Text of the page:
SEOUL –Motor Co. Ltd. and DaimlerChrysler AG have taken a major step forward in their plans to form a truck-producing joint venture in Korea.
Motor President and CEO Kim Dong-Jin says Hyundai will begin selling DC heavy-duty trucks of 23 ton GVW and more, beginning in June.
"Hyundai Motor and DaimlerChrysler are scheduled to establish a joint venture vehicle company in Korea by the end of this year," Kim says.
"Our German partner wished to advance the schedule for this, and so we have decided to begin selling heavy-duty (Mercedes-Benz) trucks in Korea beginning in June."
The move to bring the trucks to Korea so quickly is seen by analysts as a very positive one that further solidifies the alliance between the two companies. However, investors are looking for a stronger symbol that DaimlerChrysler will exercise its option to develop a full-fledged commercial vehicle JV with Hyundai in the current year.
"The joint sales linkup for heavy-duty trucks is important, but some indication of a joint production agreement would send a much stronger signal," says Mark Barclay, an analyst who follows Hyundai Motor for Samsung Securities. "At least they are heading in the right direction and the move is positive."
DaimlerChrysler should be able make a significant penetration into Korea’s heavy-duty truck market, Barclay says. "Hyundai and its sister company Kia (Motors Corp.) control about 80% of the truck market, and, together, they can provide the after-sales service support that is so necessary for Korea’s heavy-duty truck owner operators," he says.
Korea’s heavy-duty truck market is booming, driven by the Korean government’s continued backing of apartment and other infrastructure programs. The trucks typically are sold to individual owner-operators for hauling aggregate from seaside plants to the cement processing plants set up near major construction projects.
Foreign-made trucks are favored because of their superior uptime performance and their very high resale value.
Han Young-Chul, president and CEO of Volvo Truck Korea, forecasts the segment in Korea will increase by 26% to 10,000 units this year, compared with 7,942 units sold in 2001 – an 11% increase over 2000. Volvo Truck Korea, alone, will sell 800 to1,000 units this year, compared with 486 trucks sold in 2001.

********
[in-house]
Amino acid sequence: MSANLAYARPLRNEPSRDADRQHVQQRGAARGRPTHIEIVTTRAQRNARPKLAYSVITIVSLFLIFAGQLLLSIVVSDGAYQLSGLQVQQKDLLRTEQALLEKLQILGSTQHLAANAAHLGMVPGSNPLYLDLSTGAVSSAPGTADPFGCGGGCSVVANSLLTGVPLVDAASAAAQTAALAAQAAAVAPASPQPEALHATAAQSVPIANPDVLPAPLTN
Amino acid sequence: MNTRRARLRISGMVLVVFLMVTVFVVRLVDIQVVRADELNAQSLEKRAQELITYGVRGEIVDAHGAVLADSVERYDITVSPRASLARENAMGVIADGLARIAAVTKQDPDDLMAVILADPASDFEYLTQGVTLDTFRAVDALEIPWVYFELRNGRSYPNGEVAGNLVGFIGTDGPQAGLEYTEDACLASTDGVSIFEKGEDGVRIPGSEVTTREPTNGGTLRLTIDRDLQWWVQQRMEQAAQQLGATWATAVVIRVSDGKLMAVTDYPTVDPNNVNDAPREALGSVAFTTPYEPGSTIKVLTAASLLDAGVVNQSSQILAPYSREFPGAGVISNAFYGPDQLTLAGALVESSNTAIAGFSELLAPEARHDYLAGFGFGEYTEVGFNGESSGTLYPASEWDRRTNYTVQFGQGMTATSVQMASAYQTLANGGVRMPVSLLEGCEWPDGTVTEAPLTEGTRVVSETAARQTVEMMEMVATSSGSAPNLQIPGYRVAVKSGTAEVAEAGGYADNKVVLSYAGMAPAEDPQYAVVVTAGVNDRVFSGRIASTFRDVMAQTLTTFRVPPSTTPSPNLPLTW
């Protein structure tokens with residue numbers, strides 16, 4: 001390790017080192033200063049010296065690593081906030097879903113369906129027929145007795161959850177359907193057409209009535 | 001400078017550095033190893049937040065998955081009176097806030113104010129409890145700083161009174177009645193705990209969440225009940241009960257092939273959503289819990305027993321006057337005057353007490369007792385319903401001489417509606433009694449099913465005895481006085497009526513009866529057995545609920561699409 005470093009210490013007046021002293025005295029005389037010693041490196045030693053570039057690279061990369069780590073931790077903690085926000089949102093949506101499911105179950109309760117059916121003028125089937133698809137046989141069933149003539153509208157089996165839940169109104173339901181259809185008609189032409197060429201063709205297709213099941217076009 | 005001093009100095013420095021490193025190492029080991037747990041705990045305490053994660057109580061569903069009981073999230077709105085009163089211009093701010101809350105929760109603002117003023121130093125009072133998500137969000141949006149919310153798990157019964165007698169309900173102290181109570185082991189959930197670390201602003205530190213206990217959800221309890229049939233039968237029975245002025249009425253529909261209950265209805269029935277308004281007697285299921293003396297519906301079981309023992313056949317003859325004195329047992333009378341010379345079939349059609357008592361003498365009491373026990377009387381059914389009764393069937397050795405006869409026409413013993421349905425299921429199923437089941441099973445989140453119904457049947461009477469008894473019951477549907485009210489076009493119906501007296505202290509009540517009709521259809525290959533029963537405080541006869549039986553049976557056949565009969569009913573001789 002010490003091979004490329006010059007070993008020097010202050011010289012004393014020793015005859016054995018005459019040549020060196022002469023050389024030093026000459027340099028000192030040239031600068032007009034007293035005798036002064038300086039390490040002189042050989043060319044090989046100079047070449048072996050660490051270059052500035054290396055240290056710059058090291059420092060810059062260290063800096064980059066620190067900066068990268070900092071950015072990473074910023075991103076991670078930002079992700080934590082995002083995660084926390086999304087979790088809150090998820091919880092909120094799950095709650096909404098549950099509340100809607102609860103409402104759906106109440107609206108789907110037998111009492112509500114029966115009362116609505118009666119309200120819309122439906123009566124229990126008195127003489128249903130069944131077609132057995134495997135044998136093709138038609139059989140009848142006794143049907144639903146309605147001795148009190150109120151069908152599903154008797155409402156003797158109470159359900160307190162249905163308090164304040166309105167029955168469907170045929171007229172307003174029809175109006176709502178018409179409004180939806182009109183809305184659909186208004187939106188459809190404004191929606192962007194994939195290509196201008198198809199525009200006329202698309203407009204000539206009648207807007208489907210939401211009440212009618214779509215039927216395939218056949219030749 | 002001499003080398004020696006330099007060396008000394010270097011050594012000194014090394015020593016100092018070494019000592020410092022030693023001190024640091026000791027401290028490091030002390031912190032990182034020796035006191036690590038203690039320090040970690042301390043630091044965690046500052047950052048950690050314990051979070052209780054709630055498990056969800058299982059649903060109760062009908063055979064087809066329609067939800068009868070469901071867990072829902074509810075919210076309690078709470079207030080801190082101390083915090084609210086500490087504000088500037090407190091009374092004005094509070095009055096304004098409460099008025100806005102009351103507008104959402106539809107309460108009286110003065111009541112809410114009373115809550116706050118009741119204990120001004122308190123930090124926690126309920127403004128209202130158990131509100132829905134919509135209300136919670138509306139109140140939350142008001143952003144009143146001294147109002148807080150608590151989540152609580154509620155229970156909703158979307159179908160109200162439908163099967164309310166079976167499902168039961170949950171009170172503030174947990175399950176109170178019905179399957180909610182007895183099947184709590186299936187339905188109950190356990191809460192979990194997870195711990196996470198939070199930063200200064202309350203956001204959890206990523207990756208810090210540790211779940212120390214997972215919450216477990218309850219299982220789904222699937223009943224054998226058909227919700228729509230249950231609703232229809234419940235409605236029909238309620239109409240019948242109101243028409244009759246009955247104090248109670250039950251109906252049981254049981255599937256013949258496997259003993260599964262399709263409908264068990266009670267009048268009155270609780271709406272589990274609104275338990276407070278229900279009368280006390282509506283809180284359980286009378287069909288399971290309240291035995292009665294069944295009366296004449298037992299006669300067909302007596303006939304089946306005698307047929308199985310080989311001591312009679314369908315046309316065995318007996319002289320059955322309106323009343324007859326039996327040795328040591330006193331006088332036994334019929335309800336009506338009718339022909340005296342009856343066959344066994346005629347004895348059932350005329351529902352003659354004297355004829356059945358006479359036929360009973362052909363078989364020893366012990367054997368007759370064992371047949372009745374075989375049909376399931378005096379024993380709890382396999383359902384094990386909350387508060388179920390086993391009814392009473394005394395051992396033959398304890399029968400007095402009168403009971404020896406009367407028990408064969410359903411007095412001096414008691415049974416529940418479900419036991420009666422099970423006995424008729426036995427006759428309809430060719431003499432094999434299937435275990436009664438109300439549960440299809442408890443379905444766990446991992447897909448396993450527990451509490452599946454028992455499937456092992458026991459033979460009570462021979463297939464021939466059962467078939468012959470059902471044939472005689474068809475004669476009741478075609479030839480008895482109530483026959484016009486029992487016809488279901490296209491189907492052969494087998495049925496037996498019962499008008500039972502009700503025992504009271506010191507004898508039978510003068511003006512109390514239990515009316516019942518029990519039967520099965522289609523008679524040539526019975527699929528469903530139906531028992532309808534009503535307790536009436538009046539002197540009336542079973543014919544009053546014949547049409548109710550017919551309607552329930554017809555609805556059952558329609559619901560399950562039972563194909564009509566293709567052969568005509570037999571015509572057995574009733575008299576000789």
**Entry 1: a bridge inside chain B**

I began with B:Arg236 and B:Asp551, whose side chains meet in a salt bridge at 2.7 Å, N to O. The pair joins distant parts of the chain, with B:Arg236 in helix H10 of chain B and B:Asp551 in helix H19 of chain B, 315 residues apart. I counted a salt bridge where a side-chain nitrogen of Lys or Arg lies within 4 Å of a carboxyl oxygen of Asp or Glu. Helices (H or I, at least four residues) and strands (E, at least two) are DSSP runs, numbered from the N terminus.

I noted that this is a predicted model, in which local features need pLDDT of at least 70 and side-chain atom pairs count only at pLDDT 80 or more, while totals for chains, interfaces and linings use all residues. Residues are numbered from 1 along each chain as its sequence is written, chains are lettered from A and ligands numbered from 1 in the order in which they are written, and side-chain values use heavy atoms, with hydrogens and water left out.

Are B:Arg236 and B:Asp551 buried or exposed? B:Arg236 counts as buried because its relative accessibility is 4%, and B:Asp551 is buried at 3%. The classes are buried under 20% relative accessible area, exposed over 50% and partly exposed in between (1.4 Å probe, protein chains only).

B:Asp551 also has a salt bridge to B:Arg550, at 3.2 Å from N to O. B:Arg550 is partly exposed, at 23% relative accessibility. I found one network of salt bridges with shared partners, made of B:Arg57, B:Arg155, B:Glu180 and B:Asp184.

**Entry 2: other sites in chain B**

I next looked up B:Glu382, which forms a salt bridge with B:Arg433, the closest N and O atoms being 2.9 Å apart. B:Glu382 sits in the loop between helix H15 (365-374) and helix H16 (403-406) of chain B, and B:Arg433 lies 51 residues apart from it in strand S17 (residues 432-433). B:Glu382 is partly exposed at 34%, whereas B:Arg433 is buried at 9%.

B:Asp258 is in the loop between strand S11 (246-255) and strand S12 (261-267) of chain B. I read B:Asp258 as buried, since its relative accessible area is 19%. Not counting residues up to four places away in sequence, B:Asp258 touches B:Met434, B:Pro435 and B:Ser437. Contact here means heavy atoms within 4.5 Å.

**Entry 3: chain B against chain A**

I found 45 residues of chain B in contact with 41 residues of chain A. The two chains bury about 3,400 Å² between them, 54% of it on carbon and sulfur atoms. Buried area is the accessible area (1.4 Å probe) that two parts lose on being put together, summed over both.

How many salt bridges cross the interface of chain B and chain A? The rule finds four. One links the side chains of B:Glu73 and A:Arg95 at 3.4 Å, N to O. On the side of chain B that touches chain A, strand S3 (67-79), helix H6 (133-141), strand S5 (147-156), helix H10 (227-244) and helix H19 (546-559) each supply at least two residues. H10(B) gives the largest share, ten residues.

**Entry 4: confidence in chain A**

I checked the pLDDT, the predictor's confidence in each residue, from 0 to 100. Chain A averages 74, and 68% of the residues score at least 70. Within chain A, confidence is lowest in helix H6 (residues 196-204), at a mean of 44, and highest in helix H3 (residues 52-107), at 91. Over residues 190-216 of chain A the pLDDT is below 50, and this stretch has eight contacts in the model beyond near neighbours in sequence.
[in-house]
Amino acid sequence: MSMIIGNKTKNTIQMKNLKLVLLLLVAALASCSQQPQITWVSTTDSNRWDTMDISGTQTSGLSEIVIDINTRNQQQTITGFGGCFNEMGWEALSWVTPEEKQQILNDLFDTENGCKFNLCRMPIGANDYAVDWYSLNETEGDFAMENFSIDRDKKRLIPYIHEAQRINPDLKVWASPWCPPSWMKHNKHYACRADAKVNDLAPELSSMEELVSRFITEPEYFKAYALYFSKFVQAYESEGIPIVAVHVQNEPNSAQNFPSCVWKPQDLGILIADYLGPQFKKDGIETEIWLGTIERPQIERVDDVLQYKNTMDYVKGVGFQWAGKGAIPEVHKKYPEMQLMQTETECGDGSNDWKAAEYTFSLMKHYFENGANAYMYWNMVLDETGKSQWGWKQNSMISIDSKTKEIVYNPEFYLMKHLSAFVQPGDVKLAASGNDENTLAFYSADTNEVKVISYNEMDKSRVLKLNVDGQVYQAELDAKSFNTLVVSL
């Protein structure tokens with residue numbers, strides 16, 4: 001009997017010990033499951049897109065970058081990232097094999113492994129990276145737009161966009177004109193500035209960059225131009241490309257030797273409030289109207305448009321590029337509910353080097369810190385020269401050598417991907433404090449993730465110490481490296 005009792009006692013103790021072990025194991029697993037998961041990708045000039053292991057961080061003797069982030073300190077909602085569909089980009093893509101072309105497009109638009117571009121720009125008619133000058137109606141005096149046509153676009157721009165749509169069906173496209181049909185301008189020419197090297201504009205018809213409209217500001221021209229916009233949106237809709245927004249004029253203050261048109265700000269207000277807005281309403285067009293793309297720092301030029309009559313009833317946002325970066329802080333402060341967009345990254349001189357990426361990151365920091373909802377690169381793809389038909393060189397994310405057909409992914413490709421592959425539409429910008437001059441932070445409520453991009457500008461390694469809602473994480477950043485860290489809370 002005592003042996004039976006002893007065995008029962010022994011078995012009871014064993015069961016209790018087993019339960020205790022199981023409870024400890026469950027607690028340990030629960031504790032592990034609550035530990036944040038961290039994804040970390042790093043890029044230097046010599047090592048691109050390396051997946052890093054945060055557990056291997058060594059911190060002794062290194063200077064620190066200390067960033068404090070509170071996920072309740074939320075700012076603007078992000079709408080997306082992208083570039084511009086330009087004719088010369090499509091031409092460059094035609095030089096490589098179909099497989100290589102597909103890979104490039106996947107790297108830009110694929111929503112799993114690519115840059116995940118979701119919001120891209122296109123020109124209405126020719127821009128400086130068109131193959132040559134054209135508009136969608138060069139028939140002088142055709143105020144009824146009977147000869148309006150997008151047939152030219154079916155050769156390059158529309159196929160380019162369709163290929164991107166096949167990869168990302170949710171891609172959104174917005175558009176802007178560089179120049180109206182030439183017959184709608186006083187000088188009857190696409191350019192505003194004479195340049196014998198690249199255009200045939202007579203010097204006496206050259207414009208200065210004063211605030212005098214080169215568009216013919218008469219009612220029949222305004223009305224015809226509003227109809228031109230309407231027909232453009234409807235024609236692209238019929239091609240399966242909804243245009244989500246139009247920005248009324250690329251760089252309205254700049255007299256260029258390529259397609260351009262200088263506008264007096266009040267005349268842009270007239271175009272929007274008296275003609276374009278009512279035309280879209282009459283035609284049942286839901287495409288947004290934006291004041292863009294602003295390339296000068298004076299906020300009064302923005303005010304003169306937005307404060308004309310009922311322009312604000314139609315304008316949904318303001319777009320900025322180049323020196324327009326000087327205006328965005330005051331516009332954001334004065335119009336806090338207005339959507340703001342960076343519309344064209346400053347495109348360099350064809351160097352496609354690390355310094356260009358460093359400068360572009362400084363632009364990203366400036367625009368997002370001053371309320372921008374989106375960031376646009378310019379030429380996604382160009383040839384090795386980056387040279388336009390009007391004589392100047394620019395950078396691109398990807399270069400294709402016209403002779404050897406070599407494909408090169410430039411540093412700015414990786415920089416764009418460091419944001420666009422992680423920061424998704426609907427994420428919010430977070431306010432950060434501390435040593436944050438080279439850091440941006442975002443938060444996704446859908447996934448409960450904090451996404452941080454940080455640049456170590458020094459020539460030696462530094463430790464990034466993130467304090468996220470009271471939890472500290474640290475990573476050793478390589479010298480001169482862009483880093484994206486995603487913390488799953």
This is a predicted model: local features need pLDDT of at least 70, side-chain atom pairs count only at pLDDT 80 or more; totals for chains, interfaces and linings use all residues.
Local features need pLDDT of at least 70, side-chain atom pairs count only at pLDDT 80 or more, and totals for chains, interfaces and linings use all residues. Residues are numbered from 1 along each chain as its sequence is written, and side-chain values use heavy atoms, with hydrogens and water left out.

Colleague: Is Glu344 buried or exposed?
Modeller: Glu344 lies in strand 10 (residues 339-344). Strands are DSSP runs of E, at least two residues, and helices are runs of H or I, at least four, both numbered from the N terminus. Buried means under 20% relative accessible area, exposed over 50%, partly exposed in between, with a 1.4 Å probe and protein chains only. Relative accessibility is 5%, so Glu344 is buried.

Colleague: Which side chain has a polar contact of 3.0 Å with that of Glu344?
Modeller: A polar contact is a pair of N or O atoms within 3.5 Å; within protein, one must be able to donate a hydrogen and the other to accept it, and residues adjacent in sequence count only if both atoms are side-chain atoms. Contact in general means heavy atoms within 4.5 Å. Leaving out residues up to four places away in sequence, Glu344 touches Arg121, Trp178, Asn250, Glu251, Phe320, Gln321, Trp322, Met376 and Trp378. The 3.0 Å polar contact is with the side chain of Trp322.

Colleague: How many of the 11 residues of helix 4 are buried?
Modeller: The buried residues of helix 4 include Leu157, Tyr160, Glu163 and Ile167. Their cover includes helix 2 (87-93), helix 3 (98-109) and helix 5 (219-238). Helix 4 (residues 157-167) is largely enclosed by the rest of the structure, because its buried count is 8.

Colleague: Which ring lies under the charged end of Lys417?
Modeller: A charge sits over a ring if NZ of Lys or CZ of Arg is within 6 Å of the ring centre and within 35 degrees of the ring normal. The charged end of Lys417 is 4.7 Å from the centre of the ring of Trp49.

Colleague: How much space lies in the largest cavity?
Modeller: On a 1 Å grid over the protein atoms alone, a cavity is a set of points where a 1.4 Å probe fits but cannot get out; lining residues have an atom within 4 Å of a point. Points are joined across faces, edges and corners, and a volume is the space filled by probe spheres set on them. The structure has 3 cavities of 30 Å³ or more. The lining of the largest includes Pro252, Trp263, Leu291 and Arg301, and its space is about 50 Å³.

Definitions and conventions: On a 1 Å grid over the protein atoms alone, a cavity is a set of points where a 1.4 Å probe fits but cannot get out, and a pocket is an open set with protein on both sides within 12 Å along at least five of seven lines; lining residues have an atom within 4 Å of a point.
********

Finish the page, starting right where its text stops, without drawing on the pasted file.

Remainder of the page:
Volvo Truck currently trails Scania AB with a market share of 6%, compared with Scania’s 13%. But Volvo’s target is to improve its share to 8% within the year. The remainder of the heavy-duty truck market is held by Hyundai and Daewoo Motor Co. Ltd. Han says MAN of Germany entered the Korean market in February, whileSpA’s IVECO of Italy will begin sales operations this spring.
In addition to the truck-selling arrangement, Hyundai and DaimlerChrysler are building a heavy-duty truck diesel-engine plant at Hyundai’s massive truck producing facility in Chonju. DC is investing $100 million in the $180 million plant and has an option to become a full-fledged commercial vehicle partner with Hyundai during the year.
The plant will have capacity for 120,000 Benz 900 Series engines annually. Initial production will be in the 50,000-60,000 unit range.
The timetable calls for the plant to be completed and in operation by the start of 2003, ramping up to meet Hyundai’s targeted 2004 production rate.
The timing will permit Hyundai to meet stringent Euro-3 emissions requirements, which it cannot do without DaimlerChrysler engine technology.
The engines will be identical to the ones DC builds at its Mannheim, Germany, plant and in Brazil. They must meet the same high-quality standards, says Steve Morgan, Hyundai executive vice president.
"Our goal is to localize about 85% of the content of the engine, and we have already begun a program to develop our supplier base," Morgan says. "This shows the high level of confidence DaimlerChrysler has in Korea and in this program."
Says Morgan: "The engines will range from 4.3L to 7.2L, enabling Hyundai to use them in light and 2.5 ton trucks, as well as some bus products. "It’s a very flexible engine for us and will cover about 75%-to-80% of our commercial vehicle requirements."